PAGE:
This underscores the AI’s role as a brainstorming partner rather than a sole content creator, emphasizing the critical role of human intervention in ensuring content quality and relevance.

AI helps in summarizing and chunking information, saving time. However, it needs heavy editing to align with our tone and branding.

Learning Professional

This reflection points to AI’s efficiency in processing and organizing content, yet it also highlights the necessity for detailed human review to meet specific organizational standards.

AI-generated content for L&D is okay for general topics but struggles with detailed, technical material.

Learning Professional

This perspective sheds light on AI’s current limitations, particularly in handling content that requires deep expertise and precision.

Working with AI in L&D is really about knowing when to let it help and when to take over. It’s great for starting things off, but in the end, it’s the experienced professionals who make sure everything’s spot on.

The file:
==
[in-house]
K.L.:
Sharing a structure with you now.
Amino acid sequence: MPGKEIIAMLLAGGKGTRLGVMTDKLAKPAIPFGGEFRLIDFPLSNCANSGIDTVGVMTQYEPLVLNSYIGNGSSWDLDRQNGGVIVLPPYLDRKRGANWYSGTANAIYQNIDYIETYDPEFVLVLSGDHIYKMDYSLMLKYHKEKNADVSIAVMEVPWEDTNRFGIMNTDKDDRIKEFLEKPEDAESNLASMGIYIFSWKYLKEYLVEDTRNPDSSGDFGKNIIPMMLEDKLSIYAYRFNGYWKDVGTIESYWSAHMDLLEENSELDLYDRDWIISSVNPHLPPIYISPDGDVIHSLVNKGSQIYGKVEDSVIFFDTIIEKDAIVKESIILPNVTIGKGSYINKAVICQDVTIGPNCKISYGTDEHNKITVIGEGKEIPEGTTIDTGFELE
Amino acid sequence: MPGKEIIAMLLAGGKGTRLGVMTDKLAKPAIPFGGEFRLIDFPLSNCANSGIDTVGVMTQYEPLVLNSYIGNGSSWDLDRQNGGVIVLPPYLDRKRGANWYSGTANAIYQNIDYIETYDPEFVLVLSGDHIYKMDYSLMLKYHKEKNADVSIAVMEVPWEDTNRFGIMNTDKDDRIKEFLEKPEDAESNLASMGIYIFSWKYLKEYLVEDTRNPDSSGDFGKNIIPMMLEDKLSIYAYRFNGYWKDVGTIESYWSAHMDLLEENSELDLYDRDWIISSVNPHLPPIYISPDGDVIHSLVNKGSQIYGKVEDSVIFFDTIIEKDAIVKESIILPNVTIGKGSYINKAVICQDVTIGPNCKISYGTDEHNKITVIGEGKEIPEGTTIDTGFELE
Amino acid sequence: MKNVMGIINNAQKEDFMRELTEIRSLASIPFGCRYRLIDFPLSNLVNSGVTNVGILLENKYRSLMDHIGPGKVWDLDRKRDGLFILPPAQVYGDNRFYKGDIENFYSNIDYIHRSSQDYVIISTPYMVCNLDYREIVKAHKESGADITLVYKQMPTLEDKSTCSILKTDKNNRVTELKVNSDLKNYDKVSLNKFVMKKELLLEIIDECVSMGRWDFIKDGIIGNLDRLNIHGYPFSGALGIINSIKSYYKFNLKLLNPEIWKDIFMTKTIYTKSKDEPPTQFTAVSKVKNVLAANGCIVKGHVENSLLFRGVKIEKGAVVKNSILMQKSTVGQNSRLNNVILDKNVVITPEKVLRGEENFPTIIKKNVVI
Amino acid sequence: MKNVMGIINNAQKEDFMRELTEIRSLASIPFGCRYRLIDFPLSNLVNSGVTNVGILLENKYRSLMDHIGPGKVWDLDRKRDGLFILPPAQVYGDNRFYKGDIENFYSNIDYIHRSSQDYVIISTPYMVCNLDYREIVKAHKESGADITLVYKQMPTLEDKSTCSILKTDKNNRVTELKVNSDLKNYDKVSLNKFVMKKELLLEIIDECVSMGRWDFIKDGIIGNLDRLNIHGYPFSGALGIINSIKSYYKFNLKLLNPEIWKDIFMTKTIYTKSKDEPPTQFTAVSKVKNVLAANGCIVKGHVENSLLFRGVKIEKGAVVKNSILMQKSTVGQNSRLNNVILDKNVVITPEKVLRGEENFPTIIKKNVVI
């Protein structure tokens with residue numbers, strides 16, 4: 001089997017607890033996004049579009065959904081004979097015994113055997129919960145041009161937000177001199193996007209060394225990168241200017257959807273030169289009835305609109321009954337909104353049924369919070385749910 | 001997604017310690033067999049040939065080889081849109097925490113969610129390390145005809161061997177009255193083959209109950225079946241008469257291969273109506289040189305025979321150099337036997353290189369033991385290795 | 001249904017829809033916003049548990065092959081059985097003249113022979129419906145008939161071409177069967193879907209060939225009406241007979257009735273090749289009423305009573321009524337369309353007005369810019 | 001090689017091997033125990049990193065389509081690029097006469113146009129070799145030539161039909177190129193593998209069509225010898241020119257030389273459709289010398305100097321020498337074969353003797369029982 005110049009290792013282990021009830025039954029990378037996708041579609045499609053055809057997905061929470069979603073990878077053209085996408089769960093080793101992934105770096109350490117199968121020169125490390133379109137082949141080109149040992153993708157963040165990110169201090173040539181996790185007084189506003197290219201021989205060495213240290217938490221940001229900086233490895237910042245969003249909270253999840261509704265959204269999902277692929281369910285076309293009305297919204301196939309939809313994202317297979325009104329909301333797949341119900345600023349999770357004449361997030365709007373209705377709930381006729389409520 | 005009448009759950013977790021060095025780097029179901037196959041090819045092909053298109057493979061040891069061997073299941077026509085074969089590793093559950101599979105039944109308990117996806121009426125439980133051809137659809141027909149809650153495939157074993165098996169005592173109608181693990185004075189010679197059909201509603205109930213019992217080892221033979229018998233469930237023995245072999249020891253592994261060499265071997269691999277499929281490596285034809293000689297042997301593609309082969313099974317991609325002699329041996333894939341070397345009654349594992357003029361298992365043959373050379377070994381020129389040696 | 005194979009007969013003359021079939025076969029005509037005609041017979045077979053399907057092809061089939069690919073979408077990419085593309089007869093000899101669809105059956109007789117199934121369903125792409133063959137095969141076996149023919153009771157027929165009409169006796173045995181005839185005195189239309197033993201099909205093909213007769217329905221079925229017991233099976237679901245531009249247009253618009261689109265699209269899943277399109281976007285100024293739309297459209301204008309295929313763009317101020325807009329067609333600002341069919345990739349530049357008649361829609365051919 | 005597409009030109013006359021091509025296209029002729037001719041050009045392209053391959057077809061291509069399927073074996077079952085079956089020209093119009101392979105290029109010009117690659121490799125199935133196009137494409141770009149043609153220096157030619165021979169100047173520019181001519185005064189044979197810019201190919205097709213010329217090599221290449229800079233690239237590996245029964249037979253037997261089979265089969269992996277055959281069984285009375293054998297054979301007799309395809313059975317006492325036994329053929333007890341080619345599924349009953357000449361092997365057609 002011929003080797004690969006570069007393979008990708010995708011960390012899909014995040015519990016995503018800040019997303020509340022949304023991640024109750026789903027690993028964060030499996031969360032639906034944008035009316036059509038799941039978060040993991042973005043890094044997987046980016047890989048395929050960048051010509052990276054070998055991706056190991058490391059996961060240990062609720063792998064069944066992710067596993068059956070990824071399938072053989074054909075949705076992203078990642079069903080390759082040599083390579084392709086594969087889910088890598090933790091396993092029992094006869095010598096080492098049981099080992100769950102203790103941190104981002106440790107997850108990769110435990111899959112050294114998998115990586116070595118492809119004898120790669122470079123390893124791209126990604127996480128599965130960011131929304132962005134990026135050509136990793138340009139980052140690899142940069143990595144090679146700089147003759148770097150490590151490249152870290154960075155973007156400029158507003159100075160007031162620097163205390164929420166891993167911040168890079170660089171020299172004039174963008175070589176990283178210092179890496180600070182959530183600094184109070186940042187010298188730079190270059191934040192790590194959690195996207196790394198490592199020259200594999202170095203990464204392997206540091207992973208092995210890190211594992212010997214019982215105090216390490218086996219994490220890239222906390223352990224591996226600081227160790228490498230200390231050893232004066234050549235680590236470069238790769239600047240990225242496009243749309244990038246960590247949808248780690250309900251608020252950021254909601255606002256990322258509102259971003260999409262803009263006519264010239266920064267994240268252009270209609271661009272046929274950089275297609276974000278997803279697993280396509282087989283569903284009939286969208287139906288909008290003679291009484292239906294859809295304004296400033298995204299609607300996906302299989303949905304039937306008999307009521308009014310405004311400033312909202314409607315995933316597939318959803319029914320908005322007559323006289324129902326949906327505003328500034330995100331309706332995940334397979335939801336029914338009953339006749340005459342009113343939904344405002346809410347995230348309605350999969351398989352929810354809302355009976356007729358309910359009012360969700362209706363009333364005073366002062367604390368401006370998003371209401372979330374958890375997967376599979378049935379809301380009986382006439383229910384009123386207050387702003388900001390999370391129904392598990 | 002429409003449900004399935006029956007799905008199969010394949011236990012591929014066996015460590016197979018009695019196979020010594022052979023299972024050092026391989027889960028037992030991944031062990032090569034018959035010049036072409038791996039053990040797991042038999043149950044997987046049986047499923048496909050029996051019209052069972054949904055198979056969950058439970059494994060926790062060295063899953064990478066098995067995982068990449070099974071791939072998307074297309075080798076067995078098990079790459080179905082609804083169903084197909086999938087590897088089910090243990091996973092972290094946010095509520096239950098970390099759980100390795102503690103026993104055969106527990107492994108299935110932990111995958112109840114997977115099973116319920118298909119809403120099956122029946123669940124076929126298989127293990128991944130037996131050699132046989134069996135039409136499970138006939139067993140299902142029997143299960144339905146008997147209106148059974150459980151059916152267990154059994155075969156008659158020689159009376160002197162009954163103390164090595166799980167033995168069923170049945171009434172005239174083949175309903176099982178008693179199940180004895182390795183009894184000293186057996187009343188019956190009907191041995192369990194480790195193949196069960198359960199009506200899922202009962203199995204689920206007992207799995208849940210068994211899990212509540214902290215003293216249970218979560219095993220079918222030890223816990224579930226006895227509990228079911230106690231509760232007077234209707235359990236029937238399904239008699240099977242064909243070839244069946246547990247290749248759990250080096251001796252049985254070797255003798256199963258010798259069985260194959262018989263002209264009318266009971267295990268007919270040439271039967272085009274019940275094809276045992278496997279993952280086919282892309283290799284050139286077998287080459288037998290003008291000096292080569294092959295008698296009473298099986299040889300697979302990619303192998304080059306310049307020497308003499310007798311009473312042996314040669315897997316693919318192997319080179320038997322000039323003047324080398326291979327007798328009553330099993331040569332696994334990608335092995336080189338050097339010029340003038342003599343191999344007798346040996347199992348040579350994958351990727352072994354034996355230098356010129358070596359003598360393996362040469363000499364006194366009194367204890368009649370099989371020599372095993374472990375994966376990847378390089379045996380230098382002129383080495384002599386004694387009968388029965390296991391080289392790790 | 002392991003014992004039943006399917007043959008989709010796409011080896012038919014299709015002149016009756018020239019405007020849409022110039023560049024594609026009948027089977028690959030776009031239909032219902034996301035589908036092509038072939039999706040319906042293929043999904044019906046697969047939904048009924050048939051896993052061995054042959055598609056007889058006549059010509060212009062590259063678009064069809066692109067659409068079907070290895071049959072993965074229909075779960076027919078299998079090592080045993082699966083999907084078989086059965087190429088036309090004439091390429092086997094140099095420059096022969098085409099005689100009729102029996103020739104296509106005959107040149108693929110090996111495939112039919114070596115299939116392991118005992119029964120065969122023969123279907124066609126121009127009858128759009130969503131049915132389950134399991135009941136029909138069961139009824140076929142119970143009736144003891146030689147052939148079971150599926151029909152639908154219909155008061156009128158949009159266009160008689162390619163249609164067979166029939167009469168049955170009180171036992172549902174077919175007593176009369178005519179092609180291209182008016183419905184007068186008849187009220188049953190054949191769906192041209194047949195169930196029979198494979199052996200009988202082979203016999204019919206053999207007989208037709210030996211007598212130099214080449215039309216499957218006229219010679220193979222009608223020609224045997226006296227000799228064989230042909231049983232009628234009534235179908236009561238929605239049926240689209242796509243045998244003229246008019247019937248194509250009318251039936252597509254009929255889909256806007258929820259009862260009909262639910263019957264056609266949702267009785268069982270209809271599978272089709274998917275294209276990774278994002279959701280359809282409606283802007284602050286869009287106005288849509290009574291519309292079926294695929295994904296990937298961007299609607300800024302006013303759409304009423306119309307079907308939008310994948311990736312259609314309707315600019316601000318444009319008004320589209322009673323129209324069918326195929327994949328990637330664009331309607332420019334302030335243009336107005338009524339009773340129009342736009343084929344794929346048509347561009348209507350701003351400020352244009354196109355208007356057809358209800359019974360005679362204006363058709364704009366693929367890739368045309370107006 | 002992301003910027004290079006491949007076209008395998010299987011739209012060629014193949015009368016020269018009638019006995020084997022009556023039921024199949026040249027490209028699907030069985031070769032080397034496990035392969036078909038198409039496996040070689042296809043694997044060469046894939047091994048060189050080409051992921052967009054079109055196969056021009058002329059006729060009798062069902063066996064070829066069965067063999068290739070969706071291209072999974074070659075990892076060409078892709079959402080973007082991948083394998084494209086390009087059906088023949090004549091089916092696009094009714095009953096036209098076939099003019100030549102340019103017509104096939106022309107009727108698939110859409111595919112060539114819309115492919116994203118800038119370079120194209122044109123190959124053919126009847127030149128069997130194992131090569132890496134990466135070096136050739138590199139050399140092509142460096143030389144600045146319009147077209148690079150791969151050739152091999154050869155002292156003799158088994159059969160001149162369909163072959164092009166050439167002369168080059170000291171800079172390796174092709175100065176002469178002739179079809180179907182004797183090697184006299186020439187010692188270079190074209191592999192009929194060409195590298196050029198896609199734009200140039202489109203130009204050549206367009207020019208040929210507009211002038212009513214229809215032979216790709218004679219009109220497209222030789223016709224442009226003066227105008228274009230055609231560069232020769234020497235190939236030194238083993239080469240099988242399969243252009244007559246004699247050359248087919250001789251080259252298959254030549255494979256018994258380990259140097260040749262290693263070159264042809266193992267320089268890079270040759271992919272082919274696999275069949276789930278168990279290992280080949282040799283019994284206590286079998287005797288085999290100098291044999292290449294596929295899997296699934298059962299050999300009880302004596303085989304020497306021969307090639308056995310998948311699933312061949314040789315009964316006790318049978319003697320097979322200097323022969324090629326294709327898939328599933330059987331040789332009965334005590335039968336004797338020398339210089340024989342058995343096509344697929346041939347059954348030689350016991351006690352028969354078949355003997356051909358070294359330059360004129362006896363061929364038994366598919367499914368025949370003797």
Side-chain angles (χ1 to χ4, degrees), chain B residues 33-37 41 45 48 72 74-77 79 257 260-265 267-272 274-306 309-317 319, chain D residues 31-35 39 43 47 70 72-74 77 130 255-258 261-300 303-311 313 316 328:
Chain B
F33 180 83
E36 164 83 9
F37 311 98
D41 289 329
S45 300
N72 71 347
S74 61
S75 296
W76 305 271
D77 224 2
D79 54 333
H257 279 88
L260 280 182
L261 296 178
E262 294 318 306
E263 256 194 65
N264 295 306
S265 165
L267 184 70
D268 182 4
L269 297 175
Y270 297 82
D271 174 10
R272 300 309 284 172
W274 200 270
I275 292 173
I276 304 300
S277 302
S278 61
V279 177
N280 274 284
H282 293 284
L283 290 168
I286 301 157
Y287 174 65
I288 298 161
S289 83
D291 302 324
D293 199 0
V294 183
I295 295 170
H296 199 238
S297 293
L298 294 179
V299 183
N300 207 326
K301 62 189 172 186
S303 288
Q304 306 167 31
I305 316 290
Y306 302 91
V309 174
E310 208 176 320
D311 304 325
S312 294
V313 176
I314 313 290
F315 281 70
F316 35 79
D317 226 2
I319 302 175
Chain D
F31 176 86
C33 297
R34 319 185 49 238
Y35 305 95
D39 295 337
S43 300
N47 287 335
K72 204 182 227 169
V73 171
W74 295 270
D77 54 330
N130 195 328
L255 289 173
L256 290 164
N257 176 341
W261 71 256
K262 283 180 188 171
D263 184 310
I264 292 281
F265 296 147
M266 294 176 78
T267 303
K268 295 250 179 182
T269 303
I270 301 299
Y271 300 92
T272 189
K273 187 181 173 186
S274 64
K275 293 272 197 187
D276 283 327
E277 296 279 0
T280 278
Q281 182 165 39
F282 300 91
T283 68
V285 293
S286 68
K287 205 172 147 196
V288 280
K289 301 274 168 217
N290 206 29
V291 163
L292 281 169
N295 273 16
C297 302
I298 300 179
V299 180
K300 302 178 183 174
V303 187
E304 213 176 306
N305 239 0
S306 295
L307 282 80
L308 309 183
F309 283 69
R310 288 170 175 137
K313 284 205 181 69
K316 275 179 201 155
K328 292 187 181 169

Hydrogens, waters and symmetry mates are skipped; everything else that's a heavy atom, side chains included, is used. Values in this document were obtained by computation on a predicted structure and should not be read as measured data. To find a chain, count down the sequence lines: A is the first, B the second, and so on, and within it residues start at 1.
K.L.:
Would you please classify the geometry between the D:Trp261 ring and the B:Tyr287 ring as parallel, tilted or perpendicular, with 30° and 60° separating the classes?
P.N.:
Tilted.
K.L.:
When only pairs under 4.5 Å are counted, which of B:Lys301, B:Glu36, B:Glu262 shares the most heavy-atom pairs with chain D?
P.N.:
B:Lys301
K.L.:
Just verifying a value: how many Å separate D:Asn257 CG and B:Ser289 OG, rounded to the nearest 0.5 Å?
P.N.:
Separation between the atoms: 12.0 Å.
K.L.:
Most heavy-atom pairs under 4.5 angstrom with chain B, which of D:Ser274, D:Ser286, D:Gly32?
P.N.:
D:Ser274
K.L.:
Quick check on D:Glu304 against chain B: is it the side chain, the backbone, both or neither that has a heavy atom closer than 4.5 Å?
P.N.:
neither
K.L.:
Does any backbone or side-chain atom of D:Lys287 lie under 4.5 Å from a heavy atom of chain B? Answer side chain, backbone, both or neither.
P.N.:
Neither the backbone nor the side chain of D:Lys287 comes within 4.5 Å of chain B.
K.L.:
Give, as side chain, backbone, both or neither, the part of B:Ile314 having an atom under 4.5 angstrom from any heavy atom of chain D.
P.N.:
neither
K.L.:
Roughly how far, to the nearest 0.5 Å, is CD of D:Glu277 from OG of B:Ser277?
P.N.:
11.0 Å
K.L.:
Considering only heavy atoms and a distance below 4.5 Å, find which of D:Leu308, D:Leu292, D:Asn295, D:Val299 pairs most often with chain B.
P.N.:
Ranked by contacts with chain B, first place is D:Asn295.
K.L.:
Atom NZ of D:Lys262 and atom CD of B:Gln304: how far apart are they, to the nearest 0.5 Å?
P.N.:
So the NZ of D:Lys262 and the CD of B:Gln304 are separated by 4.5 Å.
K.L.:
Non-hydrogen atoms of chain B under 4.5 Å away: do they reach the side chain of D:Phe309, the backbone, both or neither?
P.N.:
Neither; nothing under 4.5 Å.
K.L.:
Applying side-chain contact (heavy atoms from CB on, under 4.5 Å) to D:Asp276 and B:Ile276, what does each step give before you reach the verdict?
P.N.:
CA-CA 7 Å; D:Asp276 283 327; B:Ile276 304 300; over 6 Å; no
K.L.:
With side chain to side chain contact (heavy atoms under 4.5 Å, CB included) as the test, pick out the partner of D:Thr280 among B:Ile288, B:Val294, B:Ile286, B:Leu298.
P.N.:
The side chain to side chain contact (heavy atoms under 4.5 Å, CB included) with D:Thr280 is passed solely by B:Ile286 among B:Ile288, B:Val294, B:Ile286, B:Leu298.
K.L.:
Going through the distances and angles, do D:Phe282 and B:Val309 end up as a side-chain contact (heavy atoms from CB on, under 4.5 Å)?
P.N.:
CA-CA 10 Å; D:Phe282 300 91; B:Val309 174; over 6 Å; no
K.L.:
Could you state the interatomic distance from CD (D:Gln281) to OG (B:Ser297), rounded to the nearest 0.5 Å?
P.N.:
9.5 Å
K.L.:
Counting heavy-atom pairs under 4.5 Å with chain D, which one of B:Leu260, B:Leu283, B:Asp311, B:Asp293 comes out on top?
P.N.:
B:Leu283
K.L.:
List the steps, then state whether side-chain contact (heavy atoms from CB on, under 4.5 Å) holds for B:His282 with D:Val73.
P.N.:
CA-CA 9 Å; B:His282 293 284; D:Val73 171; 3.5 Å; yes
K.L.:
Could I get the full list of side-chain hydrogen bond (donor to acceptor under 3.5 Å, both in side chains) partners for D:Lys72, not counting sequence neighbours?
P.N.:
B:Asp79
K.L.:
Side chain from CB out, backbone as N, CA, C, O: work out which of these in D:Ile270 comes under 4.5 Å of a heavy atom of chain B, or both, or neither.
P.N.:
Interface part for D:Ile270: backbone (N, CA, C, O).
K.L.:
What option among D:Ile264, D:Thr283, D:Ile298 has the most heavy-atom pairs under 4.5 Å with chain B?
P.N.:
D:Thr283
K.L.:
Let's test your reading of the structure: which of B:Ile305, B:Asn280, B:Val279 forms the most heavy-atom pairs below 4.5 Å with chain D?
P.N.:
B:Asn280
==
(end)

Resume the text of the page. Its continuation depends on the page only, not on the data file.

Top Concerns with AI in L&D

When it comes to using AI for Learning & Development, professionals have clear concerns. Our poll shed some light on what’s keeping L&D folks up at night about AI content.

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A quarter of the respondents (24%) worry about the accuracy or detail in AI-generated material. If you’re teaching something, it’s got to be spot on, and AI doesn’t always get the details right.

As with all content created by the support from AI, it is critical to validate the information provided and for the content to only be treated as a DRAFT.

Learning Professional

The survey also showed that 26% of respondents are wary of potential biases and inaccuracies in AI-generated content.

It can’t be taken as is and will need to be verified further especially when trying to fill in the void left by your SME.

Learning Professional

The largest concern, expressed by 35%, is the loss of human insight. As one L&D professional said, “AI can’t generate effective content from start to finish… An experienced learning designer must make necessary revisions.” This emphasizes the irreplaceable value of human expertise in creating meaningful and effective learning experiences.